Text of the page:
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Winter Tires? Better to stick with all-season or buy some winter tires?

Discussion in 'Gen 3 Prius Care, Maintenance & Troubleshooting' started by LeadDonovan, Dec 27, 2021.

  1. LeadDonovan

    LeadDonovan Junior Member

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    Howdy. First time posting here and first time Prius owner. Bought a 2014 Prius a few months ago as my first big adult purchase and am working on "investing" in it because I'd like to drive the car until it gives out (Currently 62K miles!) I am wondering if anyone here, especially any midwest folks, use winter tires?

    This is my first winter with my Prius and so far we haven't had too much snowfall yet but I've noticed some sliding issues when there was icy rain. My previous car was a Jeep Compass which handled snow pretty solid so I didn't have to think about driving in the winter like I do now.

    I've never bought new tires before either, does anyone have any brand recommendations?
     
  2. bisco

    bisco cookie crumbler

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    congrats and welcome!
    it depends on your driving. but if it's a lot of unplowed/unsanded or icy, yes, get snow tires. for light snow, etc. the all season are fine.
    if you are going to keep the car a long time, start researching maintenance, and start with the egr circuit.
    all the best!
     
  3. StarCaller

    StarCaller Senior Member

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  4. sam spade 2

    sam spade 2 Senior Member

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    Regardless of what brand and model they are..........
    If you think the tires you bought will save you from trouble when the roads are slick, YOU will be the first one in the ditch.
    I vote for "all season", based on about 50 years of living in Illinois and Iowa.

    Most any vehicle ever made will slide around when there is "icy rain" regardless of what tires it has.
     
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  5. PosauneGuy

    PosauneGuy Member

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    Getting through Iowa winters, I prefer to have snow tires on. I've got Michelin X-Ice on one Prius and Bridgestone Blizzak on the other. Both tires perform well in winter weather. My feeling is that All Seasons will work fine as long there's a lot of tread on it; snow tires will work fine for most of their tread life. You might also consider an "All Weather" tire, like the Nokian WRG3. I had that on a Honda Accord, and it performed well all year round and saves the hassle of changing back and forth.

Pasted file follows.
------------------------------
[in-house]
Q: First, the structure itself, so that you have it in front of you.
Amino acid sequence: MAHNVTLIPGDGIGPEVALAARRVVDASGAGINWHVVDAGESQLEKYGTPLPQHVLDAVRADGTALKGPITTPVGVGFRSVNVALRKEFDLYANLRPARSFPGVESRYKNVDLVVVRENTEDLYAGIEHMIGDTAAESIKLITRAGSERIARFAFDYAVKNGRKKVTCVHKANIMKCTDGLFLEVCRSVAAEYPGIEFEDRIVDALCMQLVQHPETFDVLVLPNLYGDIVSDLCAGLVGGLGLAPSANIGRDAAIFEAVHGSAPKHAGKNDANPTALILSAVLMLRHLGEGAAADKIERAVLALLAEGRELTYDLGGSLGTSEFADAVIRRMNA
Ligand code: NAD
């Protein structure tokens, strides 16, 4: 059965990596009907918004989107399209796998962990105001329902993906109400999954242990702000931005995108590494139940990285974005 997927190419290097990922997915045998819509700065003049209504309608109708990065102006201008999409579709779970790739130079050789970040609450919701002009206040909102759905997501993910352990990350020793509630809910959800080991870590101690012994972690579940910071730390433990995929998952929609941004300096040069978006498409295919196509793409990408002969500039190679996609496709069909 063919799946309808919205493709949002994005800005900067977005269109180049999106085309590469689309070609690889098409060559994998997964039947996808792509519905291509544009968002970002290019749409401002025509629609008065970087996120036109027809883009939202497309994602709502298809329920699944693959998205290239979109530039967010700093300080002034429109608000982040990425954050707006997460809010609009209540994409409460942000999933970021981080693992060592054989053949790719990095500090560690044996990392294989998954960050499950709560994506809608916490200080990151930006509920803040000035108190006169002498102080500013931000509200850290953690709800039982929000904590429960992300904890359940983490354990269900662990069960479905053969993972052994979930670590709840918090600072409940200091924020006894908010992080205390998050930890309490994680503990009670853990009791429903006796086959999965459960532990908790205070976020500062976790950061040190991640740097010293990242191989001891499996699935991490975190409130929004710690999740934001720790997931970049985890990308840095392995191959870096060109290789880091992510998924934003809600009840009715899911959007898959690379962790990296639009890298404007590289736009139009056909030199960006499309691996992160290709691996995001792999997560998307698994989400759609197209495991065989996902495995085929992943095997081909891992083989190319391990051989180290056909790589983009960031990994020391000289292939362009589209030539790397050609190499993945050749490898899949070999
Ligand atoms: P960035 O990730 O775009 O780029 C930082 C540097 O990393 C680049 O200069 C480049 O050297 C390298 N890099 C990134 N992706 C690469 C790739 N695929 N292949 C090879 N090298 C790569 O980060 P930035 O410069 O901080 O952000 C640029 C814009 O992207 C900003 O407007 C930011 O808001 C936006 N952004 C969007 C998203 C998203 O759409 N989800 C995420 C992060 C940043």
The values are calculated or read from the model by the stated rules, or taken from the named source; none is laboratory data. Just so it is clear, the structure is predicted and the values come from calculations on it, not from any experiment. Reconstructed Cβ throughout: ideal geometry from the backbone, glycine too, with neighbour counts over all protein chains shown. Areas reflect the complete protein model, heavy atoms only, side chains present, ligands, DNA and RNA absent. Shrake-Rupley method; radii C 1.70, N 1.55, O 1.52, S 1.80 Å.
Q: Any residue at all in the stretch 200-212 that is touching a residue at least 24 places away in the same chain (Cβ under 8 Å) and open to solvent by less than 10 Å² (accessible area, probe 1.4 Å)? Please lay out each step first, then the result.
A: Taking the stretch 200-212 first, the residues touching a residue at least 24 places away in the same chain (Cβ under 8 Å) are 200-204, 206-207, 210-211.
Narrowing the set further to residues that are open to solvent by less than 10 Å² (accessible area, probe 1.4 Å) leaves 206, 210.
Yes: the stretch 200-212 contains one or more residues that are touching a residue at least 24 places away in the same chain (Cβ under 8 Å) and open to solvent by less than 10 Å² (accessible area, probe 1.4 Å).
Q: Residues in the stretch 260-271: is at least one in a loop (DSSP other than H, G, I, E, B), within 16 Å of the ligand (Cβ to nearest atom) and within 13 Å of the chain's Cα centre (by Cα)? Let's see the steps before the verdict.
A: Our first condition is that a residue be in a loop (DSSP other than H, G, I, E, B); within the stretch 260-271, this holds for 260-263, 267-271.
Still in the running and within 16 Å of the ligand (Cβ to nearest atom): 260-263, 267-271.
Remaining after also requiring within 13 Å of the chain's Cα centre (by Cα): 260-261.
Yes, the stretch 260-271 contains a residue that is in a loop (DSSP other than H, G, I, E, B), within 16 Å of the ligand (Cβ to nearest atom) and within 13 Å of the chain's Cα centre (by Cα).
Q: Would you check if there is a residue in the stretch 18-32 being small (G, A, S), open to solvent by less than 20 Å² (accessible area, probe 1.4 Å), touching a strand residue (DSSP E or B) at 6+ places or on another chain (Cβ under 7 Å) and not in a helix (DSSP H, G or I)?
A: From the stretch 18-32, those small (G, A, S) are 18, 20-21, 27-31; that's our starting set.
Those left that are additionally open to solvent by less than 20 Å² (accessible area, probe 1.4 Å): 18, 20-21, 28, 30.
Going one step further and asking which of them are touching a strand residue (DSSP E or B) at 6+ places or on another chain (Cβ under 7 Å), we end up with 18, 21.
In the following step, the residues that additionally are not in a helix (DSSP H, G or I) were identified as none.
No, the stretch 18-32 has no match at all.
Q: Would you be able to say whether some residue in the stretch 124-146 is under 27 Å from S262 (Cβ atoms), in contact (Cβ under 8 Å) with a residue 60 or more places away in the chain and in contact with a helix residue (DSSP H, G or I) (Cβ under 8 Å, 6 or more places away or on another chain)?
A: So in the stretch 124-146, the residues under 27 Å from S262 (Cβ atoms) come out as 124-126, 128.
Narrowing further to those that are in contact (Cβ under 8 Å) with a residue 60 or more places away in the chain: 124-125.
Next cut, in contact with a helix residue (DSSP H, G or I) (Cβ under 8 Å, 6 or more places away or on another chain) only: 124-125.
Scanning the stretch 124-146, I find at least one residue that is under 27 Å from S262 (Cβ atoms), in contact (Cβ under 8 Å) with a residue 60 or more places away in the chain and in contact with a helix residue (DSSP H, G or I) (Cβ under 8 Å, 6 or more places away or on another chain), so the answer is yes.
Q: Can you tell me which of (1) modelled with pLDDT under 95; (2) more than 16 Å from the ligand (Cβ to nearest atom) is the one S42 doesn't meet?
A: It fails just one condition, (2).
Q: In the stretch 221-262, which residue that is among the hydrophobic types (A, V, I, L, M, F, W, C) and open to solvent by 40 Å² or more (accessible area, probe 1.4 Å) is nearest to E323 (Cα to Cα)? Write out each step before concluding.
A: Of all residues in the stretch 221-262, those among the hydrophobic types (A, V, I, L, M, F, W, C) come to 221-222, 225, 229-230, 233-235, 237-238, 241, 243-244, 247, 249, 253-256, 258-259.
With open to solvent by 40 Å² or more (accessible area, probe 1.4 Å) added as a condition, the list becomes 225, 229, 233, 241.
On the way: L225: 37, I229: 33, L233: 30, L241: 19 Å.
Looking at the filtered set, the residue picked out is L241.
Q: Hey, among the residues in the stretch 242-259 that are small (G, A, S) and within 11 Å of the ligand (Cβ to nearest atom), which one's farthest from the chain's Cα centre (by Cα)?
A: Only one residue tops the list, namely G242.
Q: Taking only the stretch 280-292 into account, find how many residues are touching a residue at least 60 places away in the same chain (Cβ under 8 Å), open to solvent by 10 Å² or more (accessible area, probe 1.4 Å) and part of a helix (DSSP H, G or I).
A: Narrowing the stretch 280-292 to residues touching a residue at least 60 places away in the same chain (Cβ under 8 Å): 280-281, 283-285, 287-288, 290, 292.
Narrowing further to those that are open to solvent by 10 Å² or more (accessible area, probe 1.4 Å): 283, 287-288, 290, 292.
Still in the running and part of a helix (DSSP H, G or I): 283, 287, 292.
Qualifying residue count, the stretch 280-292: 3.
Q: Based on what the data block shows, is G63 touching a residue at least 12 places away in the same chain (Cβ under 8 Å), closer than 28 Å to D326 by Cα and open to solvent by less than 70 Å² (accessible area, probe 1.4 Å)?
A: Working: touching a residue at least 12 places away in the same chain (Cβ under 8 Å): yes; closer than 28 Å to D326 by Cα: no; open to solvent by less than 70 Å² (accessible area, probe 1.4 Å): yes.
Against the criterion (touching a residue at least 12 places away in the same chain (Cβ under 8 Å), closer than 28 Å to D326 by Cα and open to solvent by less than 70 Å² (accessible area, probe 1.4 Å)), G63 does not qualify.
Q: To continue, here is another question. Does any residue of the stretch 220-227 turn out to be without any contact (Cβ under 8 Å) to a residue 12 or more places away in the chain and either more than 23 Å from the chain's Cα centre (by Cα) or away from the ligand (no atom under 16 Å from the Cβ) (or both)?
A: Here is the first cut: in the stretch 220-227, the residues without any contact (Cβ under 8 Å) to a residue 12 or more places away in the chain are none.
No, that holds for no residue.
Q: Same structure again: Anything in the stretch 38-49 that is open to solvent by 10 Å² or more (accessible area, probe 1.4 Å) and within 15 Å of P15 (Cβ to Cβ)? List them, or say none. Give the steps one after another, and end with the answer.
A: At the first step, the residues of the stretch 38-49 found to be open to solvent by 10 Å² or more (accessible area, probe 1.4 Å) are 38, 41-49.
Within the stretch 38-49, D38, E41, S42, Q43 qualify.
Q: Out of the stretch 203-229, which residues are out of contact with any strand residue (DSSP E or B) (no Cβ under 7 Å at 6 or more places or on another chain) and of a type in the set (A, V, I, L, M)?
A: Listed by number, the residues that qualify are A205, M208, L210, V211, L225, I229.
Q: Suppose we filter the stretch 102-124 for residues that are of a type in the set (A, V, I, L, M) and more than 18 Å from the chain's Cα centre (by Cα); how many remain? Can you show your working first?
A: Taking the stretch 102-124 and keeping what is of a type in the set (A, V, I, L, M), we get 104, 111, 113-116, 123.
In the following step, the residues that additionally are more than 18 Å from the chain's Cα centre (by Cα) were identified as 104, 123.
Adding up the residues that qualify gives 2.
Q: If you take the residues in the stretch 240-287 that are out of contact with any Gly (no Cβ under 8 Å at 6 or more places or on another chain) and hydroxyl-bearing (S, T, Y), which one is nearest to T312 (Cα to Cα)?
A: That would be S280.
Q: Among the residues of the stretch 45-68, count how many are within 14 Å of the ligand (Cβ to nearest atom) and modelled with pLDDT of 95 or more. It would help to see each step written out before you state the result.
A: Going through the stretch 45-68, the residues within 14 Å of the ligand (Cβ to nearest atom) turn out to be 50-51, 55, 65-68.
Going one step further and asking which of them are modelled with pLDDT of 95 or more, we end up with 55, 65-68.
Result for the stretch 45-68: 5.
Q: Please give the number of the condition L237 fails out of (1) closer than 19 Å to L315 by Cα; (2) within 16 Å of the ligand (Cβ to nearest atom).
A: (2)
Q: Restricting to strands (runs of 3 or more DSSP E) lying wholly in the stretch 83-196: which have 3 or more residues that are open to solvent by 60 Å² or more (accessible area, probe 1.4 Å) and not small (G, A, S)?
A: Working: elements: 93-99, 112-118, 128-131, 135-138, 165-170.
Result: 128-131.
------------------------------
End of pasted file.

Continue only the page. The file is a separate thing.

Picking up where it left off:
6. Mendel Leisk

    Mendel Leisk Senior Member

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    I'm using Michelin X-Ice (latest itteration is "X-Ice Snow"", on the car for the eleventh year right now, with these:

    Corolla 15" black steel rims p/n: 42611-02471
    With lug nuts p/n: 90942-01007 (utilitarian, open-ended, galvanized)

    Just regular valves, no TPMS to deal with.
     
  7. fuzzy1

    fuzzy1 Senior Member

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    What tires do you have now, and how much tread is left? Tires are continually wearing down and reducing their grip.

    Tire types and model names are more important that brand name. All brands offer tire models meant for other uses and seasons and quite unsuitable for winter.

    What sort of road conditions do you drive on in winter? Depending very much on location and use, some people travel entirely on well plowed and groomed roads, and get by just fine (for their particular needs) nearly all winter on traditional All-Season tires. Others spend more time and distance on less well groomed or even unplowed roads or iced roads, and have greater need for real snow or winter tires. Driver experience in winter conditions also makes a huge difference. Only you can make the final decision what category you fall in.
     
  8. Merkey

    Merkey Active Member

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    Do you happen to know the weight and offset? And do any dash lights show without the TPMS?
     
  9. abdullah arslan

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  10. Mendel Leisk

    Mendel Leisk Senior Member

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    Not sure of the first questions. They’re Corolla rims and seem to work fine. Dealership installed the first time.

    you will have tpms warning; no big deal.
     
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  11. fuzzy1

    fuzzy1 Senior Member

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    Yes. He is in Canada, where TPMS is not required.

    Your U.S. state might or might not require TPMS to be functioning during any annual inspections. The tire shop is prohibited from disabling your TPMS, which includes putting non-TPMS wheels on an otherwise-TPMS-functioning vehicle. But they can mount tires on rims without TPMS, load them into your trunk, and let you put these non-TPMS wheels onto the car yourself at home.
     
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